There's an old bromide that explains the importance of perseverance — it's not what happens to you in life that matters most, it's what you do about it.
In January 2012, U.S. Sen. Mark Kirk, a first-term Illinois Republican, suffered a debilitating stroke that threatened to take his life and left him paralyzed on the left side of his body.
On Thursday, after months of recovery and rehabilitation, assisted by a cane and flanked by Vice President Joe Biden and U.S. Sen. Joe Manchin of West Virginia, Kirk walked up the 45 steps of the U.S. Capitol in Washington, D.C., to signal his formal return to work.
We congratulate Sen. Kirk on his recovery; we commend his devotion to duty, and we salute him for the courage he has displayed throughout his continuing ordeal. Most of all, we thank him for the outstanding example he has set for millions of Americans who have gone through or are going through difficulties that test the limits of human endurance.
Among the many points Kirk has made in a flurry of recent interviews is the importance of not giving up, even when the odds seem overwhelming.
"A stroke isn't the end of the world; you will come back," he said.
Although he is returning to his duties in Washington, D.C., Kirk's recovery continues. He remains partially paralyzed on his left side, and his speech is sometimes labored. Kirk is clearly not the physical dynamo he once was. But his mind is sharp and his spirit undaunted. After all, how many people in the throes of a life-changing medical event would take on the additional challenge of learning Mandarin Chinese and Polish?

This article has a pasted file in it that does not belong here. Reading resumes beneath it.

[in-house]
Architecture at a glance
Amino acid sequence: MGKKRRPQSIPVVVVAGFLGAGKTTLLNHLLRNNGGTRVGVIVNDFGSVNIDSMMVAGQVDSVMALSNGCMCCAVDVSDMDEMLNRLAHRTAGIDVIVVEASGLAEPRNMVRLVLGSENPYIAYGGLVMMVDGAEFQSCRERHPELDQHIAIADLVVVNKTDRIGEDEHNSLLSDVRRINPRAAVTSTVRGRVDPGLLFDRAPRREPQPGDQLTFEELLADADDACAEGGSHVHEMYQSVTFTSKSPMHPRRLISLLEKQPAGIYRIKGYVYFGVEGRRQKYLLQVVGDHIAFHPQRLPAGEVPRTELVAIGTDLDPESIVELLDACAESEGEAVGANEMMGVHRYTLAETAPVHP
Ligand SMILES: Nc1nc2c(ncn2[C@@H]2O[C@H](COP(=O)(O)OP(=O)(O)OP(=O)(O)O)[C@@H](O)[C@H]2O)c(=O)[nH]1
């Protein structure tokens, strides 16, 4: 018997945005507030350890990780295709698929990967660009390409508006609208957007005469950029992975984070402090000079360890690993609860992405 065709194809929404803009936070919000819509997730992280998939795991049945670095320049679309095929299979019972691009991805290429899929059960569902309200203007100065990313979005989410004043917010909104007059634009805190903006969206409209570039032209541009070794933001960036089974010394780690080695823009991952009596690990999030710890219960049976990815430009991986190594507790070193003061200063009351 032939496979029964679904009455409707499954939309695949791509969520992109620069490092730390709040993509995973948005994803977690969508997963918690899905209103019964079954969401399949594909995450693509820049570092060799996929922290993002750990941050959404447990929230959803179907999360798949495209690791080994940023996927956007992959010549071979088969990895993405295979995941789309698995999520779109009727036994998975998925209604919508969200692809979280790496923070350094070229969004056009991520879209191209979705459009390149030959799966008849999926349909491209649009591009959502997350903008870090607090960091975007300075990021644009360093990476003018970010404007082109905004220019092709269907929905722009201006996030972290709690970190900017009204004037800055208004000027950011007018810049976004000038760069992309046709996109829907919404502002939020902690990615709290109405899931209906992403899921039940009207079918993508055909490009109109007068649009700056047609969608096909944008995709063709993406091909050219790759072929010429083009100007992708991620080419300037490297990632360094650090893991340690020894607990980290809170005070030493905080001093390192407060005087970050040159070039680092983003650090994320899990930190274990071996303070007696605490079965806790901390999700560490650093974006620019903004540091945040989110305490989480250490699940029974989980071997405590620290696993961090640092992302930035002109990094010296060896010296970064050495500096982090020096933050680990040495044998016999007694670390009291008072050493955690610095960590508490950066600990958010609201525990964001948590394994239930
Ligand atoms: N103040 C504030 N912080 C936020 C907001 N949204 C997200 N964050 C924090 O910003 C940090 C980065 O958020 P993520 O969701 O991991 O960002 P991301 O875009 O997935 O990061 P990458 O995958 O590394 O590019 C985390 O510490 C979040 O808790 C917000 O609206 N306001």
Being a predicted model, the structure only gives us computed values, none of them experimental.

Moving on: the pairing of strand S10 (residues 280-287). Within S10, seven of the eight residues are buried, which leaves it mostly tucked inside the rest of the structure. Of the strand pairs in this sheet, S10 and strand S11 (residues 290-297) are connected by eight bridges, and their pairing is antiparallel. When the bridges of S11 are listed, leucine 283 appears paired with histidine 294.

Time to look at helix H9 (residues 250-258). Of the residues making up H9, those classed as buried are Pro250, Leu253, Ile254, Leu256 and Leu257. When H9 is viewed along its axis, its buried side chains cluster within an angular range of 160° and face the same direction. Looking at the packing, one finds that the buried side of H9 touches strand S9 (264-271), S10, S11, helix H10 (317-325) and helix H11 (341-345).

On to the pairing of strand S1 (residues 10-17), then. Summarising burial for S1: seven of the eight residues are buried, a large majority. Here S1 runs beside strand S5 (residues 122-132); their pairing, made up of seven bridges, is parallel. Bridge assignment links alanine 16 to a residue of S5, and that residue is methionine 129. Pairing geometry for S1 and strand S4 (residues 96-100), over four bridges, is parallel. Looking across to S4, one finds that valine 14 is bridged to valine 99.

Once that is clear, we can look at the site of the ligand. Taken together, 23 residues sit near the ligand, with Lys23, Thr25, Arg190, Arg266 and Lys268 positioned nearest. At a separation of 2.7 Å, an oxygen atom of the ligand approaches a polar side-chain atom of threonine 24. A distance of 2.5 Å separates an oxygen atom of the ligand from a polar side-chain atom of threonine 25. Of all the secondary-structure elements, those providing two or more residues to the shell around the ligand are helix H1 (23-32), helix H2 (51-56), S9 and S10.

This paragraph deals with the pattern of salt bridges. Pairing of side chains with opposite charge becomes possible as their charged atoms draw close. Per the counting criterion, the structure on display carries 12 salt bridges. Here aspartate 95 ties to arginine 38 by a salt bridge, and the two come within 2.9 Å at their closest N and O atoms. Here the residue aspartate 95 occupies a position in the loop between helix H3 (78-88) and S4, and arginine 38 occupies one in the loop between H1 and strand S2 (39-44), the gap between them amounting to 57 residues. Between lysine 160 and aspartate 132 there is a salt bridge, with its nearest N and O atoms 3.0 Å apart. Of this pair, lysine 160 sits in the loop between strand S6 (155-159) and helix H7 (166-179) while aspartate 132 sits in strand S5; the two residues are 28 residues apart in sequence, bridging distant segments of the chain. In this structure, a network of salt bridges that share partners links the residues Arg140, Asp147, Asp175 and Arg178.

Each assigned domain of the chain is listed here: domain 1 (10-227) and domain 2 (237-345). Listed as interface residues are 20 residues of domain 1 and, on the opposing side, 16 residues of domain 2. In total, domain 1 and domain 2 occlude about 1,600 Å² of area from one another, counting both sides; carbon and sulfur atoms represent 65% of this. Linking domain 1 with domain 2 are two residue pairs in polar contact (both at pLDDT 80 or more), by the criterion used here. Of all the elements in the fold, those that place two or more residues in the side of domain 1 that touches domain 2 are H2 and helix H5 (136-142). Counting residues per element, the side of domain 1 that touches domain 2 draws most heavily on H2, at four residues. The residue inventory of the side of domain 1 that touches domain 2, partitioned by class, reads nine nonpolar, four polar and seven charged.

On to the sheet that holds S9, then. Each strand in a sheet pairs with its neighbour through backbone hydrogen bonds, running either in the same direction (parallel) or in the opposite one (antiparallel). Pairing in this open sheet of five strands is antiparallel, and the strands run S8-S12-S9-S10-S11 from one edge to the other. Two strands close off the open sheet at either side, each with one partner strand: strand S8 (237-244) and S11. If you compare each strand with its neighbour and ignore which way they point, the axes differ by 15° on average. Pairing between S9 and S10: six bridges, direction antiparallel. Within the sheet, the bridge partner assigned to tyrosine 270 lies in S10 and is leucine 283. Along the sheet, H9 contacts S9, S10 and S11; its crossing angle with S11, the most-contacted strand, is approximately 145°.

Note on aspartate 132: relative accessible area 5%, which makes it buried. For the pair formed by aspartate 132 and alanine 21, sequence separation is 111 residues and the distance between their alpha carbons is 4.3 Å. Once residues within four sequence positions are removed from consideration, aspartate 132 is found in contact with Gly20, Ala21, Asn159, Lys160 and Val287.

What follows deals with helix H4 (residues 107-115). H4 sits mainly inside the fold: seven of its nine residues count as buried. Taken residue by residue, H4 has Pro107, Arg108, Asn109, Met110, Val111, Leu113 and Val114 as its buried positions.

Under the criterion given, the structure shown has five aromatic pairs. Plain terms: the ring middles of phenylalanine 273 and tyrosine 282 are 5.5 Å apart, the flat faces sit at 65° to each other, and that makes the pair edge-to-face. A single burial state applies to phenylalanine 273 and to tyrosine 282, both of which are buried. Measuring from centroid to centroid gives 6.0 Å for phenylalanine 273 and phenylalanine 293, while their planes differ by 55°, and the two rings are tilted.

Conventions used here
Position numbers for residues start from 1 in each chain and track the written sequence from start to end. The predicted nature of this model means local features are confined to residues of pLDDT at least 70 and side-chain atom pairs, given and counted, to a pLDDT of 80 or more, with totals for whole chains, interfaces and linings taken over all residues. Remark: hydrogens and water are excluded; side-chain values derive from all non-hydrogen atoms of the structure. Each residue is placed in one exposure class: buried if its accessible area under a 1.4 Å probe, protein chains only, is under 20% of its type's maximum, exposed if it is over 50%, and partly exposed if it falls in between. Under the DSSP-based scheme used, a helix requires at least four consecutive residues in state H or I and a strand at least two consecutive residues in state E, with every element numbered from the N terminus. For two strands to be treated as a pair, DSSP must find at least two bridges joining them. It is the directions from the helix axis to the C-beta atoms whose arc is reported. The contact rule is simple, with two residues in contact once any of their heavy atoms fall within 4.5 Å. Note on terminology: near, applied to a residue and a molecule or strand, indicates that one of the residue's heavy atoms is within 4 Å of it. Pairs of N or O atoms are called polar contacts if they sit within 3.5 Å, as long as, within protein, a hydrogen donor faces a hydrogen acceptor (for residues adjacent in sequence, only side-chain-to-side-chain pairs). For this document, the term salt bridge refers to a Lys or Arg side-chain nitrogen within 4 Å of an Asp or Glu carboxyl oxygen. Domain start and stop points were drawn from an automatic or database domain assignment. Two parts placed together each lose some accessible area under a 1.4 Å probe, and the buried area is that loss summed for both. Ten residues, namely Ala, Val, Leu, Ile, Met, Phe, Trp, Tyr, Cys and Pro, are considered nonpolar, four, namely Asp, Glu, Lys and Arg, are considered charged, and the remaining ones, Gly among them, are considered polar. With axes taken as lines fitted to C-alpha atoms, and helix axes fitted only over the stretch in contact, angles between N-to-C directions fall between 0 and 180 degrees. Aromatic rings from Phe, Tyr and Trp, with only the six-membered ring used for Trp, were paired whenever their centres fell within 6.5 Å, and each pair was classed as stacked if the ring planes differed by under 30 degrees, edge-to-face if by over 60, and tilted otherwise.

Before his stroke, Kirk was one of the shining stars of state and national politics. Energetic, articulate and a font of knowledge, he gave the impression of a man whose star had not yet risen to its highest level. The vagaries of life, however, can get in the way of big dreams, and Kirk has endured an obvious setback.
Still, he's a man of great determination and ability with much left to contribute to our nation. It's great to see him climb back in the ring, even if he needed a little help to do so.